Today’s post is about OpenStreetMap and genealogy. I believe the next big advances in genealogy (and historiography) are coming from the growing ability to add historical data to mapping applications.
I’ve written about HistoryPin and WhatWasThere, both of which combine mapping and photographs. Another great project in this area is OpenStreetMap, a free, editable map of the whole world, which is of interest to genealogists for both input and research.
OpenStreetMap is open source, which means anyone can contribute to and edit the data. The OpenStreetMap license allows free access to the full map dataset, which can be downloaded in full. And because it’s open source, users can view changes and additions made over time to the database that underpins the map.
Also included in search results on OpenStreetMap are other bits of geographical information dear to genealogists, like variant names, counties or other geographical hierarchy, and links to Wikipedia and GeoNames. The example above uses one of my former Prussian and now Polish ancestral villages, Rawitsch.
The latest efforts for OpenStreetMap are focussed on adding historical information to the map data set. There are still technological challenges to resolve, include standardizing variable historical time formats, incorporating and annotating sources, and figuring out how to track the provenance of historical data.
Jeff Mayer, who is working on the project, writes:
[OpenStreetMap] enables people to extend others’ efforts and immediately share what they’ve done, which is a fairly unique and powerful capability. In addition, a current map of the world already contains much information about its history. One of the goals of the Historical OSM project is to leverage OSM’s great authoring, database, and rendering tools to make it easier to combine projects and to collaborate. Hopefully, academics and educators [and genealogists!] will be able to spend more time authoring and creating and less time worrying about setting up infrastructure.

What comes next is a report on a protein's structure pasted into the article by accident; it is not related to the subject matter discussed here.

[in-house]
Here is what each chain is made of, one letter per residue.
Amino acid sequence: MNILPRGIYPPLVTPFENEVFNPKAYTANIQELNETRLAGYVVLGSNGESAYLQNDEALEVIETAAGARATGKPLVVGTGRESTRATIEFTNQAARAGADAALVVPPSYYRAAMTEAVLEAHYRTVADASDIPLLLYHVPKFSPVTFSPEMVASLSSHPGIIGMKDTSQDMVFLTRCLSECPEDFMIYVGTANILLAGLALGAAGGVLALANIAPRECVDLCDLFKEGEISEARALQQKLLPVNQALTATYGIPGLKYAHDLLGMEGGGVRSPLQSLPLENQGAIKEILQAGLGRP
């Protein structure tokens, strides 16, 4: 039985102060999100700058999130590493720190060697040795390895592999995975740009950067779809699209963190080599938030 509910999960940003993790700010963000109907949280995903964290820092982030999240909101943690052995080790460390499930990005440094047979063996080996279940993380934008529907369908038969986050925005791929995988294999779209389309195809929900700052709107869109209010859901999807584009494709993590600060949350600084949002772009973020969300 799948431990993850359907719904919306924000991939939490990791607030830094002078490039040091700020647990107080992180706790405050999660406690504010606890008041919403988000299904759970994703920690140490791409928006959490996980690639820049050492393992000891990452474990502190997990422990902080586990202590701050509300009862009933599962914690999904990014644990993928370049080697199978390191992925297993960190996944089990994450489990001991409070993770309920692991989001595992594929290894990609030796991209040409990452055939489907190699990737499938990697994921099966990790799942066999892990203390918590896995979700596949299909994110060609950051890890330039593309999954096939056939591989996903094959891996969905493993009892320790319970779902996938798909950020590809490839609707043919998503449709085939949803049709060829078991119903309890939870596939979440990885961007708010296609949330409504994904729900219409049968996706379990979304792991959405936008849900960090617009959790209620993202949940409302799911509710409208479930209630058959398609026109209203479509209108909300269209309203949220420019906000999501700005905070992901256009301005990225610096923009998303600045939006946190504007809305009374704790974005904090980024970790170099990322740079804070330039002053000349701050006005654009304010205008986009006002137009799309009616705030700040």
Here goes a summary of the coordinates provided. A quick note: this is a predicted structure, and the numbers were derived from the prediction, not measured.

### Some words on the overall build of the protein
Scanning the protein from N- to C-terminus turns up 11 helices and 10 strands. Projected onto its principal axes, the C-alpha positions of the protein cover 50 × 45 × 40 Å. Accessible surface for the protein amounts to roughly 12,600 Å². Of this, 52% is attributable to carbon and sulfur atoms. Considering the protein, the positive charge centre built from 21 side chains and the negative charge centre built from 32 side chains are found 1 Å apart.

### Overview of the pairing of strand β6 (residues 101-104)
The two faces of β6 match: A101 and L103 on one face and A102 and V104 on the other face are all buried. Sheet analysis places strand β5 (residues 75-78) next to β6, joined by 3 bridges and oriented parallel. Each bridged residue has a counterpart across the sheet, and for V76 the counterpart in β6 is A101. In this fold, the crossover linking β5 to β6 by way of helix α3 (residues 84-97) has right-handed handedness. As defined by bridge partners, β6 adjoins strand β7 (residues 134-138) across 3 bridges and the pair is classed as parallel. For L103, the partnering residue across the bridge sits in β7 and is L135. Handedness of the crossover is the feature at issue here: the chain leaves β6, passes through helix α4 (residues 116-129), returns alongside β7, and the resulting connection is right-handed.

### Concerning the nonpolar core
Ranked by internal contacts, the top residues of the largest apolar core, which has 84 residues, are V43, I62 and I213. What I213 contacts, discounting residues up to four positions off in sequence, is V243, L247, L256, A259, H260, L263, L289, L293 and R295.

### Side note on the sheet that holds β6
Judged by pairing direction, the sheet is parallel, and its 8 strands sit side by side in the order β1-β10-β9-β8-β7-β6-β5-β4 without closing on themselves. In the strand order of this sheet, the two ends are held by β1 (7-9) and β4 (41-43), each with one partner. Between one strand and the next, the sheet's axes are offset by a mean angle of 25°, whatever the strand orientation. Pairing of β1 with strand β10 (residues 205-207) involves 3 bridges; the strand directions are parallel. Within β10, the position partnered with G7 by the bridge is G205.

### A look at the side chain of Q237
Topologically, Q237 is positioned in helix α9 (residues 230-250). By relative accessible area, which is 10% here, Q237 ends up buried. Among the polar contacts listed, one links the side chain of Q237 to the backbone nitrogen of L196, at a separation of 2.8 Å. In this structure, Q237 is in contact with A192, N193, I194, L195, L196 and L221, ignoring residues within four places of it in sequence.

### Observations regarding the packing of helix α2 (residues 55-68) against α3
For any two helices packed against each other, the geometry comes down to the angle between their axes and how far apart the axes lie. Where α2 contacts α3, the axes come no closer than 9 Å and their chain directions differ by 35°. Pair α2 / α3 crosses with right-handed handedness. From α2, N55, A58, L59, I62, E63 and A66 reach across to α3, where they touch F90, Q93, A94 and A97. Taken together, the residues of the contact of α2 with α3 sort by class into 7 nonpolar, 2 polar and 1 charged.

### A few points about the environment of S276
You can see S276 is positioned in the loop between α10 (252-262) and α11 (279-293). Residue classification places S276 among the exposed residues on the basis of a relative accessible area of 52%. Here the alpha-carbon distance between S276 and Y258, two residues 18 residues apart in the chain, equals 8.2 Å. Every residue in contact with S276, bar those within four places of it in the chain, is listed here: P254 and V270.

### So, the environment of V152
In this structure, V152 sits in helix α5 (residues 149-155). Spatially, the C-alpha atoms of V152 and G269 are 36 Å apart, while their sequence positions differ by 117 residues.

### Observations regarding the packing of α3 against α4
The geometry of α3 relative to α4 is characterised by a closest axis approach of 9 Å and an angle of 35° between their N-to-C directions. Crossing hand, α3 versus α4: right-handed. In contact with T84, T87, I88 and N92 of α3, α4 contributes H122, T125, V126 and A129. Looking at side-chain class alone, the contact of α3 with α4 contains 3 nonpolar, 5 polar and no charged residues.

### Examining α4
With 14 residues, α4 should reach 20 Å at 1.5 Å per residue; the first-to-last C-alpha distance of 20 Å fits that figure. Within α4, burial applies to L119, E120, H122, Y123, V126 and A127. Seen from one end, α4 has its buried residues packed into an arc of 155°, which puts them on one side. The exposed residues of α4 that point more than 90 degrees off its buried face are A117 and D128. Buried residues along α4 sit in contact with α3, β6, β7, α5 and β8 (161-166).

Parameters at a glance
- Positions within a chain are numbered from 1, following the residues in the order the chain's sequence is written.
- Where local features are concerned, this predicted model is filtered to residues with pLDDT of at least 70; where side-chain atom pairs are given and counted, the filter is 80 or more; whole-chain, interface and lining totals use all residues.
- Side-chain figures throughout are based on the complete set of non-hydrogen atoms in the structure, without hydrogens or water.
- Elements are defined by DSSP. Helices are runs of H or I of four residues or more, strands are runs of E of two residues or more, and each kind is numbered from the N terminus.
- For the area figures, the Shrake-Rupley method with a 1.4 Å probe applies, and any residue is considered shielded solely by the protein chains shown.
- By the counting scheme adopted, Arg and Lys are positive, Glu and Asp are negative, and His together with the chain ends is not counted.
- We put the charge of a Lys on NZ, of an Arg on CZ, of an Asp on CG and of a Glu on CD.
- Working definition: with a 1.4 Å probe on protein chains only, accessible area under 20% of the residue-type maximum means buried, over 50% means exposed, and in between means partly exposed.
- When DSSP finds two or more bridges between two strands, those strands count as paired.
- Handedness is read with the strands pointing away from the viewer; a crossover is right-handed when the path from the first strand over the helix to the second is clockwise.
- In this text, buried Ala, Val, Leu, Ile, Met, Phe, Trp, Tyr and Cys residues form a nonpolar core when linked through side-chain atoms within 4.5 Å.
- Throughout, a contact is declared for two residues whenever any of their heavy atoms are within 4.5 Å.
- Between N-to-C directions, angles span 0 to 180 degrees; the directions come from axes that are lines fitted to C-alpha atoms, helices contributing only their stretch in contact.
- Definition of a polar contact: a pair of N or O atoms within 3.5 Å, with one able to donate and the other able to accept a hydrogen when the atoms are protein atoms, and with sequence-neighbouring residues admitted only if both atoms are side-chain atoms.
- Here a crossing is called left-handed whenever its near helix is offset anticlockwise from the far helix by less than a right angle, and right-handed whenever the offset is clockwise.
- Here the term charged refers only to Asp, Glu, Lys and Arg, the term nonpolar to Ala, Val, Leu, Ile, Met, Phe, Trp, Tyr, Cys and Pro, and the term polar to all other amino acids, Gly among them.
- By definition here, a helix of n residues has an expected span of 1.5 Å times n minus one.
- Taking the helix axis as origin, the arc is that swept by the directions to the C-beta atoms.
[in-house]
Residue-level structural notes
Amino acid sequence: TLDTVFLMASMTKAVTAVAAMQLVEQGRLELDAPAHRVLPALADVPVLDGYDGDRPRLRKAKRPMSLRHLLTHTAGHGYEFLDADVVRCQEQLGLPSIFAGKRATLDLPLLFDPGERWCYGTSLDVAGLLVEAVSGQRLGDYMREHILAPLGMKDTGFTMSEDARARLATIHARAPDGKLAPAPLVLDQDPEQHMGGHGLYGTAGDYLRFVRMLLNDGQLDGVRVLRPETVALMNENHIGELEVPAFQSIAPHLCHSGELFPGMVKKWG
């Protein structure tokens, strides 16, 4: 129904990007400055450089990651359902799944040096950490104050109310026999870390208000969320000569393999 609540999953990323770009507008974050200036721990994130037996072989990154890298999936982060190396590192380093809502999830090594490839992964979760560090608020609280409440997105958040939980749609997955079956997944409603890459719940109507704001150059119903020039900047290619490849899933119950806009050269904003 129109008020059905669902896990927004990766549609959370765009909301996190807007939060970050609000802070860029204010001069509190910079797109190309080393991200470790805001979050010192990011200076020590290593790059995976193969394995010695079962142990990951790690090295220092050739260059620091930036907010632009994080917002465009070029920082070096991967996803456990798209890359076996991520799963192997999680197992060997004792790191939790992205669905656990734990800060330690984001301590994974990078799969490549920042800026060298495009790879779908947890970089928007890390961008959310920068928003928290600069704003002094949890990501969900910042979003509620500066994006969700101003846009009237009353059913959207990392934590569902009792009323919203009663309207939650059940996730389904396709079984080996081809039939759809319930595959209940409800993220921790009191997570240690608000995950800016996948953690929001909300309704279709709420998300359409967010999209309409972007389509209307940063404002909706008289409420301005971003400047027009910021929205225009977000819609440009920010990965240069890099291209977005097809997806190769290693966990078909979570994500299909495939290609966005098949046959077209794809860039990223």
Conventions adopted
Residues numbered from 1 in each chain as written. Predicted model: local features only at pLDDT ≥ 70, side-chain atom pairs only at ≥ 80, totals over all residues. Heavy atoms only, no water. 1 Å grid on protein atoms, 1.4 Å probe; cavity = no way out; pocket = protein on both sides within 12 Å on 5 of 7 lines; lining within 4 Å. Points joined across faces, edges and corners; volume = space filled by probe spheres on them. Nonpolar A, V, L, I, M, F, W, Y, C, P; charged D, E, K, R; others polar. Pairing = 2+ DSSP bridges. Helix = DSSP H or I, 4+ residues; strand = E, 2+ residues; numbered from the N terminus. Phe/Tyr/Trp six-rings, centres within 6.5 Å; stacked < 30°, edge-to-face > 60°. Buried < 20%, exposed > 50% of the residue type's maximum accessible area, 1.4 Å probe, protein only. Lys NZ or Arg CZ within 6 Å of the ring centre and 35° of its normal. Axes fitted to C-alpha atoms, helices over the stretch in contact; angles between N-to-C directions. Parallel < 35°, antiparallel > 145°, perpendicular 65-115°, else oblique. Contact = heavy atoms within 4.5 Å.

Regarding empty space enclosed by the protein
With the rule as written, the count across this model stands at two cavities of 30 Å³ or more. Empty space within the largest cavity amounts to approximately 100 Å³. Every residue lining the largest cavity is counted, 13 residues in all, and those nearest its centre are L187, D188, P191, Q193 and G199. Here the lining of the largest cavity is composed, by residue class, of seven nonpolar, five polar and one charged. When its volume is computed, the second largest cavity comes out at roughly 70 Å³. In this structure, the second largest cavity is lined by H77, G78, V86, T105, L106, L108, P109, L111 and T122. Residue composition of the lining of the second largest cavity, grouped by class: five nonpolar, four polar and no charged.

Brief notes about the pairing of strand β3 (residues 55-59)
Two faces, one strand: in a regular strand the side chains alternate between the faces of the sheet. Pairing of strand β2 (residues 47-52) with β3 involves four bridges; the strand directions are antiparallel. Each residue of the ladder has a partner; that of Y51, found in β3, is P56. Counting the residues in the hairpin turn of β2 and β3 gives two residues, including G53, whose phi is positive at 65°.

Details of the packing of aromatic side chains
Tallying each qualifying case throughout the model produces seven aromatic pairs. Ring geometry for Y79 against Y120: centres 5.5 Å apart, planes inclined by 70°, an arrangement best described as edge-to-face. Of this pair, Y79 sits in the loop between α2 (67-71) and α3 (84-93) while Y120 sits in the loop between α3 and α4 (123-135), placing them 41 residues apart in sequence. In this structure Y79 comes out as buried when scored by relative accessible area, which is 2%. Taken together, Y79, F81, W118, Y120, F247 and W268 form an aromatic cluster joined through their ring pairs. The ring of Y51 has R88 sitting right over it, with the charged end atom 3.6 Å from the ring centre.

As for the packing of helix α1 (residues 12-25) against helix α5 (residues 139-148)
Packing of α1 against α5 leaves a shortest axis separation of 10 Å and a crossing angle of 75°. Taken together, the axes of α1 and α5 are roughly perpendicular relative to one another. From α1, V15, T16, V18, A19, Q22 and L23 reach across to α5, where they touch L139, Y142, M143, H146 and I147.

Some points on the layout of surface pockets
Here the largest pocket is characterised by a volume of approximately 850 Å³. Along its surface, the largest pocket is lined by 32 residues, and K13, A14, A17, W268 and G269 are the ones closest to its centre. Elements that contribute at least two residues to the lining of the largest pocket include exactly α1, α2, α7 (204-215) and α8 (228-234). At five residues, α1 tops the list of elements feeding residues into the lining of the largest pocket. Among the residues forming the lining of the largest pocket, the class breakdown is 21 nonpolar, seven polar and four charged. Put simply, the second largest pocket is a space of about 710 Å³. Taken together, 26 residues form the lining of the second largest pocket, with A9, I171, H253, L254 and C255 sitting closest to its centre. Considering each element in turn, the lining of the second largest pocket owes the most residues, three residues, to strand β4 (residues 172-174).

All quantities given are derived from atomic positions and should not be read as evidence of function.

What’s the difference between OpenStreetMap and Google Maps or Google Map Maker? Google uses proprietary data for their maps, which means Google has the exclusive legal copyright to the map data and can limit user access and functionality. You can compare Web-based mapping services here.
Want to know more?
- “The ‘Spherical Mercator’ of Time: Incorporating History in Digital Maps,” in the Signal blog from the Library of Congress.
- OpenStreetMap Historic listserv and wiki.
- OpenStreetMap’s annual international conference, State of the Map, is the global gathering for everyone contributes to and/or uses OpenStreetMap. In 2007, there were 10,000 registered users and 50 million GPS data points; by 2013, there were 1.1 million registered users and 3.2 billion GPS data points.